The focus of Dr. Amporn’s talk was the changing attitudes of the Thai people and authorities towards migrants from Shan State, who comprise the bulk of Burmese immigrants working and living in Chiang Mai, contrasting with the attitudes of the Shans themselves. The Shan and Thai peoples share a similar language and culture. As a result, it is technically possible for Shan migrants to assimilate within Thai communities, as they are not, as are many other minority ethnic groups, confined in refugee camps. A perception by Thais of a kind of brotherhood with the Shan should be possible; however, the Thai authorities tend not to recognise the Shan as regards immigration and work permit status, and their lives in Chiang Mai are normally lived in workers’ camps in the city, being used as a source of cheap labour by factory owners and construction companies. As a result, the general perception of the Shan from the minute they cross the Thai-Burmese border is as aliens, no different from the Burmans, who are poorly regarded by Thais due to their behaviour during their 200-year occupation of a large part of what is now Thailand.
Even although the Shan have been, and are still, engaged in armed conflict with the Burman military, in Chiang Mai they are often perceived as drug dealers, criminals or prostitutes, in much the same manner as the hill tribe people. The Shan themselves see their escape to Thailand from the confines of Burma as a move towards modernity and a chance to better themselves, as well as to better support their families by earning higher wages. This is a false view, as they are immediately recruited into very low-waged jobs, given no training and often forced, in agriculture for example, to work with dangerous chemicals without being given protective clothing. Safety in other occupations, on building sites and in factories, is also a very low priority, and compensation in cases of serious injury is almost impossible to obtain. Shan migrants state that they want to leave the past behind, settle in Thailand, become ‘modern,’ work hard and earn more money, possibly ignoring the dichotomy between love of country and their dreams of a better life. Small wonder, then, that some migrants may make the wrong choices and become involved with drugs or prostitution, thus losing any meaning in their lives and, sooner or later, being arrested and sentenced to a term in prison.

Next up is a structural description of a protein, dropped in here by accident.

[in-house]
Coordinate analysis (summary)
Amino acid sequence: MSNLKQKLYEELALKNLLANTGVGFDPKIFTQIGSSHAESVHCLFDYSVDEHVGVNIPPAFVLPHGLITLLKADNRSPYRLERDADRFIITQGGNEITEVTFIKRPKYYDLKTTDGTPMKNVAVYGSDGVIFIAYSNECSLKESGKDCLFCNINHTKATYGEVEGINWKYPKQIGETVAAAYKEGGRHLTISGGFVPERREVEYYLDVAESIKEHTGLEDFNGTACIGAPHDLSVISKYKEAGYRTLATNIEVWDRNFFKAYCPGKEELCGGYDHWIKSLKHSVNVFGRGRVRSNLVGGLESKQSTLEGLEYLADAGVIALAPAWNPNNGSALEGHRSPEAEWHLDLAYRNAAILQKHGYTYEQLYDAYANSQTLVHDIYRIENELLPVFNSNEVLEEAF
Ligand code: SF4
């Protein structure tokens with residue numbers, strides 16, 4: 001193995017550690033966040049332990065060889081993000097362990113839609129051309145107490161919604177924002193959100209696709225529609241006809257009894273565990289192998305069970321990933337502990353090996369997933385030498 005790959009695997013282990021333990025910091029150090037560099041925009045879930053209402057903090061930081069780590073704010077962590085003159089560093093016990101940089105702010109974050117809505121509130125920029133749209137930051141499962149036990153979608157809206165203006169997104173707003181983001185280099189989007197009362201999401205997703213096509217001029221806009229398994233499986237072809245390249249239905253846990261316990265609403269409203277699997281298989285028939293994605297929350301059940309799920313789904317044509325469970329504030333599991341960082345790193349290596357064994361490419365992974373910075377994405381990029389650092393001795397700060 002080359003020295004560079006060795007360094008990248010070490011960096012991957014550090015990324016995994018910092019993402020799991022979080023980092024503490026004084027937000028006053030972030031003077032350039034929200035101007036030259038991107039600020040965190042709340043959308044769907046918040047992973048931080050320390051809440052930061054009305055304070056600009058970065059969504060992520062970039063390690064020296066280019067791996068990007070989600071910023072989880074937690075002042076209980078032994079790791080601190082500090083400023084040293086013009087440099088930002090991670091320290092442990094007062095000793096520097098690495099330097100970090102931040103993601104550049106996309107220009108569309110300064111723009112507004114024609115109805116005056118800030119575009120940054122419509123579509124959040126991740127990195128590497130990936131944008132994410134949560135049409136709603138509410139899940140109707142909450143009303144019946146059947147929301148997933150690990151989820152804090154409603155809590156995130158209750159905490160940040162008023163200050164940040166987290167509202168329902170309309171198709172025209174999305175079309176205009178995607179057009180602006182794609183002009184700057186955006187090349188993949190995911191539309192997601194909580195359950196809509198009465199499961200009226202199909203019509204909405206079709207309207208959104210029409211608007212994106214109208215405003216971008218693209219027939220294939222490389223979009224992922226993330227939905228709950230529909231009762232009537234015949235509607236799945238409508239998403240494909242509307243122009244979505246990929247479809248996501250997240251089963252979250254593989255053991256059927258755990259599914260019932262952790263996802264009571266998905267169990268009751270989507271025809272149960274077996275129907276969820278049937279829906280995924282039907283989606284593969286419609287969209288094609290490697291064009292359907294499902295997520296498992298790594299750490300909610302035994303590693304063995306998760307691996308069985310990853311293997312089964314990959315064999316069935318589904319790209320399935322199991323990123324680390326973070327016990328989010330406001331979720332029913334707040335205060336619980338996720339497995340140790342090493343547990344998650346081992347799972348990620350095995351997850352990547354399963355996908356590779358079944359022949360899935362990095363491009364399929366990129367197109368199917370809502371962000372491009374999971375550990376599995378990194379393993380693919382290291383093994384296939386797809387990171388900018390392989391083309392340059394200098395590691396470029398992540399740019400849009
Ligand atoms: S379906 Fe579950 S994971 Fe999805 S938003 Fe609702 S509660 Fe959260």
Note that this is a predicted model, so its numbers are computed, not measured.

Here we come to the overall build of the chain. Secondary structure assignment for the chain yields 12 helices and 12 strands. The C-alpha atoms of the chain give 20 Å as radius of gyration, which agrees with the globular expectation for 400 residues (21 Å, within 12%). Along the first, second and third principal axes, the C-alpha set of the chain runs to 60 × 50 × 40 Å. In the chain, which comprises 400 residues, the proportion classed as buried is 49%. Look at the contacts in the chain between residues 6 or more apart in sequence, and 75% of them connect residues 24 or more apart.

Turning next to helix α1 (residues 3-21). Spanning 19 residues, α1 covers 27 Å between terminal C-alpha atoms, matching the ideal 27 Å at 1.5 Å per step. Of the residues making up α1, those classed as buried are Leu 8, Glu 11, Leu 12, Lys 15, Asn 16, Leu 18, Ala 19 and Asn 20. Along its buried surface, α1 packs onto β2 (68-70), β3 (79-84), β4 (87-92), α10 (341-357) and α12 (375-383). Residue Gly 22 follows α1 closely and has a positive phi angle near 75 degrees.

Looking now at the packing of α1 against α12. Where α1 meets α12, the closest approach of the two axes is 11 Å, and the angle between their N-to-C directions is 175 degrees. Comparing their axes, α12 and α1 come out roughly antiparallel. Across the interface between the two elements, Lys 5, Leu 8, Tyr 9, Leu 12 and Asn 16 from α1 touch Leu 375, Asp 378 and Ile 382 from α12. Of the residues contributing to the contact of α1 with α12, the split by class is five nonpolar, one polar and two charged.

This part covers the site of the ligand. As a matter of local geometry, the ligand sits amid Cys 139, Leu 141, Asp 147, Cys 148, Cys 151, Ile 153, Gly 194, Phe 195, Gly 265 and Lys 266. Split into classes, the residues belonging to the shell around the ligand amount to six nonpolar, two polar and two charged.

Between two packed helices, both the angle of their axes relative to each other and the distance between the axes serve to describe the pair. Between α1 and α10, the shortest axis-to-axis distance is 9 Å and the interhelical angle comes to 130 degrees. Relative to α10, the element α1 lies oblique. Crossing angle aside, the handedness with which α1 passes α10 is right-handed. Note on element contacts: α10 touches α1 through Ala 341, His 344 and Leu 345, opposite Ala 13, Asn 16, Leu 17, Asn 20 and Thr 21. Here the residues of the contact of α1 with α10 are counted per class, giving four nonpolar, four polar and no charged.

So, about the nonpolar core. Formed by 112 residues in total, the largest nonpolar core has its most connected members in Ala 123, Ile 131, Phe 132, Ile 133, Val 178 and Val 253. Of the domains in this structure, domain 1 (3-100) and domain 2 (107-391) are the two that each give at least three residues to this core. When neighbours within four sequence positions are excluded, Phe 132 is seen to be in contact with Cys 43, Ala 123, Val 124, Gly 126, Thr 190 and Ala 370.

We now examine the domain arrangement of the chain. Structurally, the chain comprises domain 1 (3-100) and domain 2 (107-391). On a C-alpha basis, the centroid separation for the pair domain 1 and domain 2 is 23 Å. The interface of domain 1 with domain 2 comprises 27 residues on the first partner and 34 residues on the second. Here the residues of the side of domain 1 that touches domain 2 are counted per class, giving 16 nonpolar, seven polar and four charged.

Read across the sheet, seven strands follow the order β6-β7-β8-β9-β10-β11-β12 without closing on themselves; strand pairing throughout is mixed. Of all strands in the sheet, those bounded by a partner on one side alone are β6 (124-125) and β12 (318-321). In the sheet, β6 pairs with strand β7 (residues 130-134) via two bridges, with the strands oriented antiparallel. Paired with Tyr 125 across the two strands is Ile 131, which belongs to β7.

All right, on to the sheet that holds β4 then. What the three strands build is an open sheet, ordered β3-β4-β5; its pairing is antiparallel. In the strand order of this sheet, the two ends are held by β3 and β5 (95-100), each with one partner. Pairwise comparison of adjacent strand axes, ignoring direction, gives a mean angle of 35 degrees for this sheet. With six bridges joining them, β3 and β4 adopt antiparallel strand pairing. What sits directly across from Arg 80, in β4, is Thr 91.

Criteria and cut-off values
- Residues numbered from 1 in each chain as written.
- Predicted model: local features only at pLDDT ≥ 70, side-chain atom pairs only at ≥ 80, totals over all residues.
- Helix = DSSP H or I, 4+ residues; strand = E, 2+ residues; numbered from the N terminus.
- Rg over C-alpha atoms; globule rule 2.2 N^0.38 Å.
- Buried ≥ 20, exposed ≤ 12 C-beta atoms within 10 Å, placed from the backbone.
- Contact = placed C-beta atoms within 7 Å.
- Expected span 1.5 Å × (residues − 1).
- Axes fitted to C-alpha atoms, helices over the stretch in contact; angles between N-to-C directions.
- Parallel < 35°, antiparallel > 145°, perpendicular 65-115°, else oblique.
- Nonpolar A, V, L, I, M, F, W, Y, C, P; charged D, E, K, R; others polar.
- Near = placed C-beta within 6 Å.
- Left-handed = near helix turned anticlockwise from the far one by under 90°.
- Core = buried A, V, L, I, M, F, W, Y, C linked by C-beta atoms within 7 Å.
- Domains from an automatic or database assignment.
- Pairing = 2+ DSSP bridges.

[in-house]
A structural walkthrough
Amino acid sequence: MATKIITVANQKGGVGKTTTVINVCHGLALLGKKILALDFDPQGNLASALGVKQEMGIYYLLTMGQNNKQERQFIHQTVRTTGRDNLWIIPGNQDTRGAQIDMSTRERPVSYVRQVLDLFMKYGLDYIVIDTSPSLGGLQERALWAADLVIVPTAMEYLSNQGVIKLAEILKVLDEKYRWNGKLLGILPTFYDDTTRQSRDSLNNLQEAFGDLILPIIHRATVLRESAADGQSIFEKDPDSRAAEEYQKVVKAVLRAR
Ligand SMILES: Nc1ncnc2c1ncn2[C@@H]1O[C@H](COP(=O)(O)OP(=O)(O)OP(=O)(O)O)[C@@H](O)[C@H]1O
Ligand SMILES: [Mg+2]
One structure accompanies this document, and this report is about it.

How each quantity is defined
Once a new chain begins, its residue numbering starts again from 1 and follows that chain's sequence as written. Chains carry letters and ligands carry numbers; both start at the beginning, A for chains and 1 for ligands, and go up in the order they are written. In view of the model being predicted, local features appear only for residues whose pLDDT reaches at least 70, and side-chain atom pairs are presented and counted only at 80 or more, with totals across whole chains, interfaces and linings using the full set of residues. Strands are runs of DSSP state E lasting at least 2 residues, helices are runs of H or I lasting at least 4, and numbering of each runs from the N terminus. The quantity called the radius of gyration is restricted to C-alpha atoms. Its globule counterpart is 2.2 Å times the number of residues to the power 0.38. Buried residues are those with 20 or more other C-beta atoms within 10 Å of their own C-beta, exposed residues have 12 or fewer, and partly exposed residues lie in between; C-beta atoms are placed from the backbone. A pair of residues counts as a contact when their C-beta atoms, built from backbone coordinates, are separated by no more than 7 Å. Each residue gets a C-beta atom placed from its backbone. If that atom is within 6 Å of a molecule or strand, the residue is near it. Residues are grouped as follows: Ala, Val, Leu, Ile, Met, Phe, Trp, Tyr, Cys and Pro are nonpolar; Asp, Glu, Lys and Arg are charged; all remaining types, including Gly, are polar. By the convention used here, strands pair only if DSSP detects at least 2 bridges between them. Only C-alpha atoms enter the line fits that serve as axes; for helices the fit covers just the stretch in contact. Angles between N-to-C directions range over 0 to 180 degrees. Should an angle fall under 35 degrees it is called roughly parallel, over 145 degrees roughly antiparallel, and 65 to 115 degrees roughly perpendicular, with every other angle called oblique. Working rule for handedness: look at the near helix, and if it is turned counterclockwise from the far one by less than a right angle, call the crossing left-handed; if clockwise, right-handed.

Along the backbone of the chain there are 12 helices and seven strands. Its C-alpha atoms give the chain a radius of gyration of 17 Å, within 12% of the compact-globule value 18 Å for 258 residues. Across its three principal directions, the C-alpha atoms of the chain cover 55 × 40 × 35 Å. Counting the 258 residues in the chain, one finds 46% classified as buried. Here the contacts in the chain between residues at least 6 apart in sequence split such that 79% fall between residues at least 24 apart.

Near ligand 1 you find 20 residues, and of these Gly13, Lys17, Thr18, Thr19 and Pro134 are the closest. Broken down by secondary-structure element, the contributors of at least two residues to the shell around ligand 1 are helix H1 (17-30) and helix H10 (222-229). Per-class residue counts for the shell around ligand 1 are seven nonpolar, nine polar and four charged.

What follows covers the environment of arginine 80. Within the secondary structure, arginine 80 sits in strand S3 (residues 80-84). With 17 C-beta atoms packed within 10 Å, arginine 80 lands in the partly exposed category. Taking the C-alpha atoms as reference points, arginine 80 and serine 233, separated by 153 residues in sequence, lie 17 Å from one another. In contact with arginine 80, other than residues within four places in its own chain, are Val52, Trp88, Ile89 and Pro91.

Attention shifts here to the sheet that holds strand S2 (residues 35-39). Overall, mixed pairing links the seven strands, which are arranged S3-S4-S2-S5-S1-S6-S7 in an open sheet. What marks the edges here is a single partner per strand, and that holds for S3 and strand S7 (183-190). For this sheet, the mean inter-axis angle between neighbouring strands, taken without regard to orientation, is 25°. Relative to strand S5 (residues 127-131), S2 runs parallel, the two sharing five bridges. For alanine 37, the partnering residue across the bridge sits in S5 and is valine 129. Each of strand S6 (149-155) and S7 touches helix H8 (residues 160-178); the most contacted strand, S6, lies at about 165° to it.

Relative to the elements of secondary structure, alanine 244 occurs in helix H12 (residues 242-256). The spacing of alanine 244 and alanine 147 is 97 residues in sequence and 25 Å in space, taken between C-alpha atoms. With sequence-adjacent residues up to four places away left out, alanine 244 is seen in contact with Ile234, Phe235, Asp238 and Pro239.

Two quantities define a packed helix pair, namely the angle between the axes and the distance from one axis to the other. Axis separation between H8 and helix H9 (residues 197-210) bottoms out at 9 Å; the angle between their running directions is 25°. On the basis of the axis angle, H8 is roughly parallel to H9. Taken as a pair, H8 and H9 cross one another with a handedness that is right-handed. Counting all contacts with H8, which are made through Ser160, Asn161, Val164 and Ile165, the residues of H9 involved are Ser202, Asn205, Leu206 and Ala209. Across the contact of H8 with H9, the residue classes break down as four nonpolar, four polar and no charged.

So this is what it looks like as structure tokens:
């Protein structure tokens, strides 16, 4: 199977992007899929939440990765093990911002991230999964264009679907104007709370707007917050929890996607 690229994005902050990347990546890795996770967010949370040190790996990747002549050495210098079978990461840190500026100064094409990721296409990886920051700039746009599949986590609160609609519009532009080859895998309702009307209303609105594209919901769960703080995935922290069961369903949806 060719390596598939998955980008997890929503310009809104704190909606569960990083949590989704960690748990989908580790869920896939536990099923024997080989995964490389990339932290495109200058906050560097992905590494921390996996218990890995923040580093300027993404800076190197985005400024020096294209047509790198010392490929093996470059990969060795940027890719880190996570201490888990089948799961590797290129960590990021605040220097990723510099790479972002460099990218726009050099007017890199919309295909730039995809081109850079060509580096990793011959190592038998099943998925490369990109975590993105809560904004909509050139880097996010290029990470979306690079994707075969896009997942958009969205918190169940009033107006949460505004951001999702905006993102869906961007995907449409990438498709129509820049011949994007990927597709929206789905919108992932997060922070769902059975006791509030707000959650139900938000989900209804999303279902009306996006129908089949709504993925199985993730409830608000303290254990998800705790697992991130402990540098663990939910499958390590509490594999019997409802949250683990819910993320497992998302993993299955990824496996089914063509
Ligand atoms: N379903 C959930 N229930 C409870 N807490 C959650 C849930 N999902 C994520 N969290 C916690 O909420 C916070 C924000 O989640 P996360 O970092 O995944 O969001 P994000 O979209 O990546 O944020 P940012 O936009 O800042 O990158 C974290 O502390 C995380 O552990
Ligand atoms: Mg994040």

Once in prison, there is almost nothing to connect them in any way with their culture or their home country. 10% of prisoners in the Chiang Mai facility – around 300 men – are Shan. They are allowed to listen to a radio service which provides at least a tenuous link with home through Shan music and the Shan language. They are also allowed to receive letters from outside. A sad tale was told of one prisoner who began an exchange of letters with a Shan girl on the outside. The prisoner fell in love with her speaking voice when she was interviewed during the radio programme. Sadly, she was already a victim of HIV/AIDS, and was soon admitted to hospital, where she died. Migrants are not treated with modern preventative medications.
However, even although Shan prisoners are, effectively, stripped of their identity, they do manage to bond as a group, preserving their links with their own culture by listening to, singing and even composing songs about freedom. Isolation and confinement create a longing for a nation. Some politically based songs make the point that, for the Shan people, prison and their home country under the junta are the same – no freedom! Many state that , after their release, they will cross the border and return to the Shan State, with the intention of joining the Shan State Army and fighting for that precious freedom which has been denied to them, both in and out of prison, for so long.


On the trail of the Phu Lae Pineapple

Kris Dhiradityakul
Of course, we all love pineapples, and probably one of our favourites is the smaller, sweeter Phuket version… particularly if it’s organically grown. Below is an account of a man who knows all about such delicious subjects.
Professor Anek Prateep Na Talang is a man with a two-fold mission – the promotion of the Phu Lae pineapple and of proper agricultural practices among local farmers.
‘There are two ways of farming,’ he explains. The artificial way, where farmers kill everything except their own fruit trees, removing weeds, grass and other trees. This may seem good for the grower’s trees, but the overall system is ruinous to the environment, as those trees are only growing because of the chemical fertilisers and pesticides poured onto them. In spite of this, their leaves are still bug-damaged, so chemical insecticides are used as well. Prof. Anek continues, ‘This is a vicious circle. Over time, more and more money is invested in chemicals in order to sustain the crops. One major reason why farmers cannot escape the trap of debt.’